Ah, now I get where you are coming from.  I usually took advantage of a free mountain tour when I was an intermediate.  Even as an advanced skier, when going to a huge destination resort like Big Sky or JH for the first time, I find doing the mountain tour the first day of a ski week is very helpful.  Even though such tours are on green/blue groomers, the hosts stop and describe the harder terrain and are happy to answer questions.

 

Ski patrol can also be helpful in terms of suggestions of where to go exploring.

 

Take a look at Hillmap.  I've had a good time mapping out my home hill.  With trails for many ski areas in Google Maps, can research exactly the runs that seem to be a good fit while anticipating a ski vacation.

 

http://www.hillmap.com

post #10 of 17
Thread Starter 

Definitely appreciate all the feedback from the users here on the subject. Tons of good information and has guided my thought process on this even better. I'm of the personality type that once my mind gets set on something, it doesn't relent, so I think I may pursue trying to get something setup from a website standpoint on this subject, so if you see me posting in the near future about it... well you know why. Feel free to post anything else you may think of that helps the cause.

post #11 of 17
Quote:
Originally Posted by cdtotten View Post
 

I think everyone would agree that you know what you get with a green run, but blue runs can run the spectrum from horribly sky blue happy zones to dark violet death zones.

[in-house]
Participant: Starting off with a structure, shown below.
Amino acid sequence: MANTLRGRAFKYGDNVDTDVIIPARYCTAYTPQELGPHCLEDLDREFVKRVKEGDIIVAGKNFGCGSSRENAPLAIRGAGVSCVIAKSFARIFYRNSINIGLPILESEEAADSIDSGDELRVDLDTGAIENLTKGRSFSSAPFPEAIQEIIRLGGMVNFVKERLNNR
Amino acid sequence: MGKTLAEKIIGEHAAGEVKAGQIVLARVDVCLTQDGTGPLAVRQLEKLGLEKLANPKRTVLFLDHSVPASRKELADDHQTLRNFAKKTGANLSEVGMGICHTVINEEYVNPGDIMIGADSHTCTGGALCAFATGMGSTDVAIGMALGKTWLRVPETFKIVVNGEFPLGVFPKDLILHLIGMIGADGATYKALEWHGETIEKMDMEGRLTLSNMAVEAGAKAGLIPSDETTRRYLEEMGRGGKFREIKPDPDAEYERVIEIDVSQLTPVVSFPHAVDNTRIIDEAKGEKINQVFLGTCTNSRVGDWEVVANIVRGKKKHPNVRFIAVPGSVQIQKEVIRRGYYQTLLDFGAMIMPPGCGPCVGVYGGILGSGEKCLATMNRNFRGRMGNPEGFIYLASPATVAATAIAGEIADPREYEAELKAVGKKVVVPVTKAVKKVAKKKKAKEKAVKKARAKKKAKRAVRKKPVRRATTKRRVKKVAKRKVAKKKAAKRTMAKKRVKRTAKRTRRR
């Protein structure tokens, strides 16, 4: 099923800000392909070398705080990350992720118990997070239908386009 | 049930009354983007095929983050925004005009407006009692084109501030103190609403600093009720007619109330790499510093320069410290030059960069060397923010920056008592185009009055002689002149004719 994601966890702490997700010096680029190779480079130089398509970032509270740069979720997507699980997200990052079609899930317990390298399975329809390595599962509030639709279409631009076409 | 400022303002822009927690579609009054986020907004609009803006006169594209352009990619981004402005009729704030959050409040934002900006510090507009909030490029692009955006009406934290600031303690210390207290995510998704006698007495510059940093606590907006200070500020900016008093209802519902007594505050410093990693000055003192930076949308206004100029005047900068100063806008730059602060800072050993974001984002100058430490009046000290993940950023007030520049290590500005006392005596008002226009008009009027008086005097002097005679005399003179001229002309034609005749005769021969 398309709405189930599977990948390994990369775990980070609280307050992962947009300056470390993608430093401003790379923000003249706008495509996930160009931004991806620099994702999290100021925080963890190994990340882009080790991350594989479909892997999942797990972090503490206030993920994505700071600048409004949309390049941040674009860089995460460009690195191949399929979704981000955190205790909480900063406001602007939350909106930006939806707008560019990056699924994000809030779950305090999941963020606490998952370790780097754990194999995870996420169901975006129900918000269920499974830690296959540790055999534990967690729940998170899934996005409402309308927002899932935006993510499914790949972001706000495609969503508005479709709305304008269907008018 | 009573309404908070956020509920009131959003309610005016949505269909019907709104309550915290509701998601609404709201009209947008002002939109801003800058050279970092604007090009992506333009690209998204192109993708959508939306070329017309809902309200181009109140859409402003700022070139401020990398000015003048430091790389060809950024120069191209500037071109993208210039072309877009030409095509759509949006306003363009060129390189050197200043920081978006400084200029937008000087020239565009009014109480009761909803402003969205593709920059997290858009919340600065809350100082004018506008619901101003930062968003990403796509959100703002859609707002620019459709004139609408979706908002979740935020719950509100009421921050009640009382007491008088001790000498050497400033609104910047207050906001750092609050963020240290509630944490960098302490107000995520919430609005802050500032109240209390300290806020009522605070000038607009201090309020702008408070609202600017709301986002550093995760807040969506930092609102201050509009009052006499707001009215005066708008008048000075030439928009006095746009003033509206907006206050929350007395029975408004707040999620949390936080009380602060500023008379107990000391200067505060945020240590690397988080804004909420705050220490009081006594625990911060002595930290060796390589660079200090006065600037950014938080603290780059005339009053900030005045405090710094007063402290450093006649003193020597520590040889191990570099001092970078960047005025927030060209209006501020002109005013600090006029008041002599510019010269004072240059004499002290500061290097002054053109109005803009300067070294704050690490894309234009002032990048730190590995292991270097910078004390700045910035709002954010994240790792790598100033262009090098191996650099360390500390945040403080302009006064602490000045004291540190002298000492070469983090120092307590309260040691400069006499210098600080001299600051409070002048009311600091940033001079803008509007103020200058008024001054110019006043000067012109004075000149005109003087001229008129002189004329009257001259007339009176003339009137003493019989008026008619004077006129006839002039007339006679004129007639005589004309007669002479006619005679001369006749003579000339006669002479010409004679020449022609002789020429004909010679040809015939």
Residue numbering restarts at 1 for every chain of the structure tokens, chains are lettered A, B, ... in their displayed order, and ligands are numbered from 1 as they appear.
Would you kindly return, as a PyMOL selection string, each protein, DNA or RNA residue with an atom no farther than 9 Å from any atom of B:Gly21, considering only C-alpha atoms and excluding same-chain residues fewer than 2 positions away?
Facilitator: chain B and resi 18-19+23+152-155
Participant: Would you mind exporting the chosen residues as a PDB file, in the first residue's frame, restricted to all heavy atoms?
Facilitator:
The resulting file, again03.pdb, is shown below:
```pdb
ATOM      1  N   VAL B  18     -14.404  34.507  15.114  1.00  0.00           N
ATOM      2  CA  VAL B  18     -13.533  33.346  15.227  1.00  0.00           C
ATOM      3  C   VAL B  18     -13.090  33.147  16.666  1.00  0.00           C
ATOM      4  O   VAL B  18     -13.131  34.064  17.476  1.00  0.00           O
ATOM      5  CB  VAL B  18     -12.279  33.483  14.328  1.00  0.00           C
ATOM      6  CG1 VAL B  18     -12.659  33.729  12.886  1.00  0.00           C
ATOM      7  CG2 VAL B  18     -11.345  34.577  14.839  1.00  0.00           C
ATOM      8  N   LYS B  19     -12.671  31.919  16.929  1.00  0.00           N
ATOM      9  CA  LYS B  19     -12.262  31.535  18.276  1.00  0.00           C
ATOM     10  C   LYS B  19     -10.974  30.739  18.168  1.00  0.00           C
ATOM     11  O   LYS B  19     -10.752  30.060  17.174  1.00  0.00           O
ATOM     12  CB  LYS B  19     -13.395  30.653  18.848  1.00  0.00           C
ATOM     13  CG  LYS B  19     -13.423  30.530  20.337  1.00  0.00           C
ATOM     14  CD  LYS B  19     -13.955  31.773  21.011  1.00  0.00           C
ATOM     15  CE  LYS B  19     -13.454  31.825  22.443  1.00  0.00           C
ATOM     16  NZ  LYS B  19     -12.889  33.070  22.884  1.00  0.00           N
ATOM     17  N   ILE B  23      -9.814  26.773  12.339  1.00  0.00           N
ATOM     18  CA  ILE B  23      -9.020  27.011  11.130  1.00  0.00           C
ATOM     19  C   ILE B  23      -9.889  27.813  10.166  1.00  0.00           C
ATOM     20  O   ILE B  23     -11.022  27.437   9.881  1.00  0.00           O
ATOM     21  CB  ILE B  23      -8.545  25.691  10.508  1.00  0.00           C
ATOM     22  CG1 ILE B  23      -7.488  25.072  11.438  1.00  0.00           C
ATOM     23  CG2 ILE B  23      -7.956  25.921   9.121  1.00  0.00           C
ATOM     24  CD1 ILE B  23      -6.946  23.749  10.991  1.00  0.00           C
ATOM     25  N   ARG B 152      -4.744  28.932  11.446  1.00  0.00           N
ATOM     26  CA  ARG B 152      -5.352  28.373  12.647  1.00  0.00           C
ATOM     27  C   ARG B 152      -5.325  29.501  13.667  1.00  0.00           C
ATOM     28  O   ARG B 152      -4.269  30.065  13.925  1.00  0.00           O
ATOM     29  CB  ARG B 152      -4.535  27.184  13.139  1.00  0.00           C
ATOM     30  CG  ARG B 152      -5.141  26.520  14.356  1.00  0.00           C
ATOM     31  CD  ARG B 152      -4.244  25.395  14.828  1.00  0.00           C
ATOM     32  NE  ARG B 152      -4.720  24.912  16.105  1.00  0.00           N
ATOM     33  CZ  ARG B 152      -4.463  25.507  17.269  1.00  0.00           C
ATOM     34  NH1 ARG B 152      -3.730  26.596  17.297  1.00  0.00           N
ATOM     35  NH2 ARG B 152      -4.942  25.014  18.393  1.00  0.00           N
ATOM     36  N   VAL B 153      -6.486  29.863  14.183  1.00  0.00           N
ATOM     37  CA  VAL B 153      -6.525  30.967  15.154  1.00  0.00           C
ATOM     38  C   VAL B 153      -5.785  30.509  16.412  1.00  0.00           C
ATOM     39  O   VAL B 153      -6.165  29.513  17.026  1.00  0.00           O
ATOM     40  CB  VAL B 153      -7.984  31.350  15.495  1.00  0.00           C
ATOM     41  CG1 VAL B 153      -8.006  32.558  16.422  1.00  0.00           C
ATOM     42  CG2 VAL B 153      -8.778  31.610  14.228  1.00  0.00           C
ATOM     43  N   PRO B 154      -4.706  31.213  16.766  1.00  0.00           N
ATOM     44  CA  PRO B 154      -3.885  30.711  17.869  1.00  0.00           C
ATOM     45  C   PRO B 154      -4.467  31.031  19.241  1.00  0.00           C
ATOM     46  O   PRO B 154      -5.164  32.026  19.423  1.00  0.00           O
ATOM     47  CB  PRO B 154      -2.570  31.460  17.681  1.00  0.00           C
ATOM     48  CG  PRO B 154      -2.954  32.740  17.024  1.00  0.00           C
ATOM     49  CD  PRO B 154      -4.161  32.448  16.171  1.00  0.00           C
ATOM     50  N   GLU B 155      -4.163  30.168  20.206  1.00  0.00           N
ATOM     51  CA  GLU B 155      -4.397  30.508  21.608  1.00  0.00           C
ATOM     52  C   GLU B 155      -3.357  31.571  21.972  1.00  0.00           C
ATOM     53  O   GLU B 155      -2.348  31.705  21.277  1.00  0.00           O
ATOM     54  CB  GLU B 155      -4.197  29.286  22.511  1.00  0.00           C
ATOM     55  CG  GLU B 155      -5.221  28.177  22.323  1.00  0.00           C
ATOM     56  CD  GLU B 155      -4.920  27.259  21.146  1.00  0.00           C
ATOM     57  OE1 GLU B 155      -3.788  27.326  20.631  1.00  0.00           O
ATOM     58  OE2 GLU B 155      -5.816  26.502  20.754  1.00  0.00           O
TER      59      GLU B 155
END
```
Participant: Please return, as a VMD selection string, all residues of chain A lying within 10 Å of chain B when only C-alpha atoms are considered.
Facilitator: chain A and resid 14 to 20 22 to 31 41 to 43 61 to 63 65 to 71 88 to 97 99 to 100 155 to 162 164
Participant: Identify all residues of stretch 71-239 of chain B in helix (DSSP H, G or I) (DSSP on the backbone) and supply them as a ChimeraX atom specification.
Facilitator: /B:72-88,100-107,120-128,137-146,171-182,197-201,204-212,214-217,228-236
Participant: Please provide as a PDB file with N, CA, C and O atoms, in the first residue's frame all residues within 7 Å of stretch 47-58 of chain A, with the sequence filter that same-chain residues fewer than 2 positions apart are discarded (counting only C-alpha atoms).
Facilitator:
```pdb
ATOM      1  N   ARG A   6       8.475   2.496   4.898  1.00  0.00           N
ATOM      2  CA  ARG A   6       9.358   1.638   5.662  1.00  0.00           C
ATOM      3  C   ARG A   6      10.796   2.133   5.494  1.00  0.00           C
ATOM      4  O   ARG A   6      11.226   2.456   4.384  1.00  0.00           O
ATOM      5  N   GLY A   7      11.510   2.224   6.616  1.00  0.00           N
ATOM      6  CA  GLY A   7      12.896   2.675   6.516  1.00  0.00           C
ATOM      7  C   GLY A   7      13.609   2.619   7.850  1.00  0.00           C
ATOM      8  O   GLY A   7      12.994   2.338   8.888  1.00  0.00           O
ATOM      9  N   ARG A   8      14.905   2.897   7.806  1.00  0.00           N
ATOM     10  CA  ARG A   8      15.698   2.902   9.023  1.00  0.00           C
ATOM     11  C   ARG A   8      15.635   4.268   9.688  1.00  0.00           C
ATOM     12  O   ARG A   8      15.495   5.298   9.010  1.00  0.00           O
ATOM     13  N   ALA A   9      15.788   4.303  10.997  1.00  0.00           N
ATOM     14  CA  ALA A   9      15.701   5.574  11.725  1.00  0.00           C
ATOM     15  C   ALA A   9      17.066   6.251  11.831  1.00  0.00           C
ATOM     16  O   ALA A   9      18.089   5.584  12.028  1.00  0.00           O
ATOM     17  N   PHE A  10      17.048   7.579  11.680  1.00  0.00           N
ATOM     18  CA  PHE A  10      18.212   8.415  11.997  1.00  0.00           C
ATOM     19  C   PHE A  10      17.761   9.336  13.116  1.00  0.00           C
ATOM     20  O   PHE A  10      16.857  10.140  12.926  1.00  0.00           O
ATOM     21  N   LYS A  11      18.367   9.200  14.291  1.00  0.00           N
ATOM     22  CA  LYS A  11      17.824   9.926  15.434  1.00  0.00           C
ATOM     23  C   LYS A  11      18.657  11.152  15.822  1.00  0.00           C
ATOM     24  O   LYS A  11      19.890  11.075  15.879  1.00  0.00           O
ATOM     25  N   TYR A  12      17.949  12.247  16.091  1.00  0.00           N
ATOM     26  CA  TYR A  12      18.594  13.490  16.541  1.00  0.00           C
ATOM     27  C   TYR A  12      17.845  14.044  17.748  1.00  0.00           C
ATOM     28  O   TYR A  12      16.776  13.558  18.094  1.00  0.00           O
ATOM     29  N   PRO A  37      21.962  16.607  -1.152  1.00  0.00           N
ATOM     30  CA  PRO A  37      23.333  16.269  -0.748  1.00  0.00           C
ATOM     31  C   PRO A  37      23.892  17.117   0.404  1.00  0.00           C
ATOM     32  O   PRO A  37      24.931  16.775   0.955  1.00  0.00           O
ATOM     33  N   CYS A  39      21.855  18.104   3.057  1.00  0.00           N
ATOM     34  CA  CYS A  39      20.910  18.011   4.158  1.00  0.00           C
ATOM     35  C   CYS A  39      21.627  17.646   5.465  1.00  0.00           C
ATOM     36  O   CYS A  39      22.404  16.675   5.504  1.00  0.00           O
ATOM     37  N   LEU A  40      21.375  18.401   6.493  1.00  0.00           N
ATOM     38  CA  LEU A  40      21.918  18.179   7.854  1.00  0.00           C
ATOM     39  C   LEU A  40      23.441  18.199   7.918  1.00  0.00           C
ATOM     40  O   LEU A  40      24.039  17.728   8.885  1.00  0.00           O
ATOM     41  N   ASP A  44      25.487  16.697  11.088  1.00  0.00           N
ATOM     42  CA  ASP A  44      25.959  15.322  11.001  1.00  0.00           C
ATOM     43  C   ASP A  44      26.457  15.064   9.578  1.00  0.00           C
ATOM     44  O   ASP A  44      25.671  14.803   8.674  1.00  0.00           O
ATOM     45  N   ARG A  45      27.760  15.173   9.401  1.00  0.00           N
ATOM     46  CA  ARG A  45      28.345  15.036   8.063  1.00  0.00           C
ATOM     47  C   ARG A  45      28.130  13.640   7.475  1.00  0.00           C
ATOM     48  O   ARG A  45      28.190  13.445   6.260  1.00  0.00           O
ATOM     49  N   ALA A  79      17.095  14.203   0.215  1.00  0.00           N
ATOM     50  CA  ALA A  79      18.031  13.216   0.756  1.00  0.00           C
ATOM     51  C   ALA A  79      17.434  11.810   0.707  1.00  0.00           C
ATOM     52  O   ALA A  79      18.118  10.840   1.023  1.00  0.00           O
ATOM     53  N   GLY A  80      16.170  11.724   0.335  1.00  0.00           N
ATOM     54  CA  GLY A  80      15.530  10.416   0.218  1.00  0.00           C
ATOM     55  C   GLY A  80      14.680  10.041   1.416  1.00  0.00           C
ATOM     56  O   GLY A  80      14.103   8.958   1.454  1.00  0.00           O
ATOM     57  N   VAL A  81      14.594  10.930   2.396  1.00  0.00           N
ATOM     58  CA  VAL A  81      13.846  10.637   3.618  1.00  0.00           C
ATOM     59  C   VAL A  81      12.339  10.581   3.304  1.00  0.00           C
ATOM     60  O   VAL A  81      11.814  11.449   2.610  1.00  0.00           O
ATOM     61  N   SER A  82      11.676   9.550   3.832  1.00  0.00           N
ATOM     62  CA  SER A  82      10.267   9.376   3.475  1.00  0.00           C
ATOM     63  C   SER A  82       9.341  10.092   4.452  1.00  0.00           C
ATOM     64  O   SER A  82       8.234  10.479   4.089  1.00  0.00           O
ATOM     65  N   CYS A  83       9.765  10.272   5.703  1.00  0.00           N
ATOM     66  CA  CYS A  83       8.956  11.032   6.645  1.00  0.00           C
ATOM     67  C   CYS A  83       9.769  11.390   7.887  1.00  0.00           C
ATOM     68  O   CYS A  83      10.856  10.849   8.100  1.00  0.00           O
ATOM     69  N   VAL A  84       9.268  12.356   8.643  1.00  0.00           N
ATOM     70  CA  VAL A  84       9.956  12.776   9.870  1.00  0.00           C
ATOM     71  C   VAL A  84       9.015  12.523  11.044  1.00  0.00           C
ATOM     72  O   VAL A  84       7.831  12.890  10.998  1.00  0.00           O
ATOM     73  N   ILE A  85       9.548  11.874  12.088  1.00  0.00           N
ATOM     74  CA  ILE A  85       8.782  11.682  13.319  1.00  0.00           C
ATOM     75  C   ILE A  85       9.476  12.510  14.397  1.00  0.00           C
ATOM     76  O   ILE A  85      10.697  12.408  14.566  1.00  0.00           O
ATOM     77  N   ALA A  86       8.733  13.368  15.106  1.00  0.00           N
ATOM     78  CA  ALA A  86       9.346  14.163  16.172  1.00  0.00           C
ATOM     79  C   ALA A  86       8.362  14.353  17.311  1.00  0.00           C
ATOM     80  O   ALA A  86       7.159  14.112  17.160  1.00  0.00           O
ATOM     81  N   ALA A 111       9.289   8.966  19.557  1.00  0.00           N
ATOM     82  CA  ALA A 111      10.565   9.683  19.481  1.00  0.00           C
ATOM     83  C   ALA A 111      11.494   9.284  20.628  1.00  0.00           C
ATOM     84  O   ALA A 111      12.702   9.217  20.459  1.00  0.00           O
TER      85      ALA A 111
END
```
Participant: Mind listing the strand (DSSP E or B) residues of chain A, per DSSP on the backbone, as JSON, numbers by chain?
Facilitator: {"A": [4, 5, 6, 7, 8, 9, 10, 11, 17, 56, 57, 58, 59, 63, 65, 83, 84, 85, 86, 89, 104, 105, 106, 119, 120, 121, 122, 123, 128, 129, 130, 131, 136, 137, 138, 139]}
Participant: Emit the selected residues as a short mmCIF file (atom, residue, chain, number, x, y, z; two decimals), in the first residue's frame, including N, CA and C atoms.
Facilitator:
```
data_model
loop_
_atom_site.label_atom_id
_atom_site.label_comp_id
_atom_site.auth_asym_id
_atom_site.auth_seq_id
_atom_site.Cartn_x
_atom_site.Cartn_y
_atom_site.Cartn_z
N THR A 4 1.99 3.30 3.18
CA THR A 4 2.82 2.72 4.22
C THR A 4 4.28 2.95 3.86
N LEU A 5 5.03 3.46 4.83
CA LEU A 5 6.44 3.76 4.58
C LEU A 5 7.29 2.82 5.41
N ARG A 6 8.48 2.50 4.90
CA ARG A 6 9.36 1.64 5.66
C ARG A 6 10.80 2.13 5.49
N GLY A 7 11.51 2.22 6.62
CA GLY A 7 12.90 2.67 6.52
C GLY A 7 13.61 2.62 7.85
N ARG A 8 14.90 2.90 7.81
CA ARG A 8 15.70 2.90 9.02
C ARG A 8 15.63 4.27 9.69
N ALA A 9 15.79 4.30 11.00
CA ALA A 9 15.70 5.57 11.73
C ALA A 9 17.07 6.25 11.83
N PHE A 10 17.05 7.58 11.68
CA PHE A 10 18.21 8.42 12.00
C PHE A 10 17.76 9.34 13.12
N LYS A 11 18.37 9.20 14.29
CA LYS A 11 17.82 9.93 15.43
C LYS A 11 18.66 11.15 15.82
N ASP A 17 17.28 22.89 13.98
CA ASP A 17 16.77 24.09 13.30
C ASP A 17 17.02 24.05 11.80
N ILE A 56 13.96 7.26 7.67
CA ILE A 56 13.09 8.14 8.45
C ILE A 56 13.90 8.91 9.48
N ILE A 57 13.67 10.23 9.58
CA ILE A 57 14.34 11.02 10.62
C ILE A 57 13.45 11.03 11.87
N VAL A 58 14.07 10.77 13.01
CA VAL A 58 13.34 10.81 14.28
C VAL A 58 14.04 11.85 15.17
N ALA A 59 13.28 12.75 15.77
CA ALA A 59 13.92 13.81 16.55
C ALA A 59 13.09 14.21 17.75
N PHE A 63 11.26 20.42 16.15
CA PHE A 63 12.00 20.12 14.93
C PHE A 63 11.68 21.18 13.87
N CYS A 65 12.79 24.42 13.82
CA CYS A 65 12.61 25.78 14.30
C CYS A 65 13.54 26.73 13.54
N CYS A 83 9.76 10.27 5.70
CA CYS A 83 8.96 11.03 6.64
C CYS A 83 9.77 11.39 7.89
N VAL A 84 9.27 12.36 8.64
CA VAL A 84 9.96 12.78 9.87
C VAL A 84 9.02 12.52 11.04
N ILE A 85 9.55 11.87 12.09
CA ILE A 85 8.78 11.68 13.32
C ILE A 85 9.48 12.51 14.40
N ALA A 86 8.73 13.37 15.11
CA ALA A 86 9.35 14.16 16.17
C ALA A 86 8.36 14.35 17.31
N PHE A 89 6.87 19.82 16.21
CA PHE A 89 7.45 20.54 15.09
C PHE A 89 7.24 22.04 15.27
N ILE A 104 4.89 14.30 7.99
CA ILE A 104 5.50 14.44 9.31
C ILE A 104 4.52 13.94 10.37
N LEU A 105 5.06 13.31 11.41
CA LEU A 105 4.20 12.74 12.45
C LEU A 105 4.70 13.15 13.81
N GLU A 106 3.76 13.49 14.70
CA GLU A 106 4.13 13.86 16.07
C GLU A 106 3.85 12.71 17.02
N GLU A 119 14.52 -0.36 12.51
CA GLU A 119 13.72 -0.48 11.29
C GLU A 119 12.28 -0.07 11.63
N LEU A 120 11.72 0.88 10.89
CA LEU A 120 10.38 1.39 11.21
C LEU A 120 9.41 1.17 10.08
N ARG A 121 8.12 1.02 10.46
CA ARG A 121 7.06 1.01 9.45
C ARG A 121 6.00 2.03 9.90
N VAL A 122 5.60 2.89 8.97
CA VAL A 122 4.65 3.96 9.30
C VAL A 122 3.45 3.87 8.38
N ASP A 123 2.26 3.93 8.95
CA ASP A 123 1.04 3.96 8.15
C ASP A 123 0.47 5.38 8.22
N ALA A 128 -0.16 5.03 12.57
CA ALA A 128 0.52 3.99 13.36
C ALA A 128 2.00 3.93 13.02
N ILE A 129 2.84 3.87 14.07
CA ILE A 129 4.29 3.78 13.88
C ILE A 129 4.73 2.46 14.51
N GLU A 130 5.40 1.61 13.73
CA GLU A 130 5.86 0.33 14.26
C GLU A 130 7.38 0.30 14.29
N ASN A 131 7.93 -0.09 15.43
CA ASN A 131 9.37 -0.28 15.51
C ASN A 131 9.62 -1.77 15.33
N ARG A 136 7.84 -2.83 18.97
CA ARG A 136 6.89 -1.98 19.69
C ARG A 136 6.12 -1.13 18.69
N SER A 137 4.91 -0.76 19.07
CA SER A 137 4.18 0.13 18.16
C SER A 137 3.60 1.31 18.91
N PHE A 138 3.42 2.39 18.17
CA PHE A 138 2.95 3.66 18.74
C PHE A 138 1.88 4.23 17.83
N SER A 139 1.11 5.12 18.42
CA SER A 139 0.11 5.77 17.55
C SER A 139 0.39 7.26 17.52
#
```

I just want to say that while I appreciate what you're asking for I am utterly baffled by your description of the blue-run spectrum...

 

"horribly blue sky happy zone?"

"dark violet death zones?"

 

:dunno

post #12 of 17

My first trip out West was to Telluride, Colorado.  I started on a single green run (Meadows).  I spent my whole first day on that run until I felt like I had it mastered.  My second day I ventured out to the double green runs!  YES!  Telluride has double greens.  On day 3, I skied my first blue run...a nicely groomed run that had a few steeper pitches but was overall pretty mellow.  Had I been willing to take the next step up, it would have been to a double blue which would have meant ungroomed terrain on a similar pitch as the single blues which were groomed.  I was shocked on my next trip out West (Keystone) and found that there was just green, blue and black and no further division.  Telluride does it right, in my opinion, by providing improving skiers a wonderful progression with the way it rates their runs.  A few other resorts (Jackson Hole and Deer Valley immediately come to mind) do use the double blue designation which I think helps with the OP's primary concern as there really is a huge jump between a groomed blue run and a steeper non-groomed black run.  

post #13 of 17
Quote:
Originally Posted by Lofcaudio View Post

 

...use the double blue designation which I think helps with the OP's primary concern as there really is a huge jump between a groomed blue run and a steeper non-groomed black run.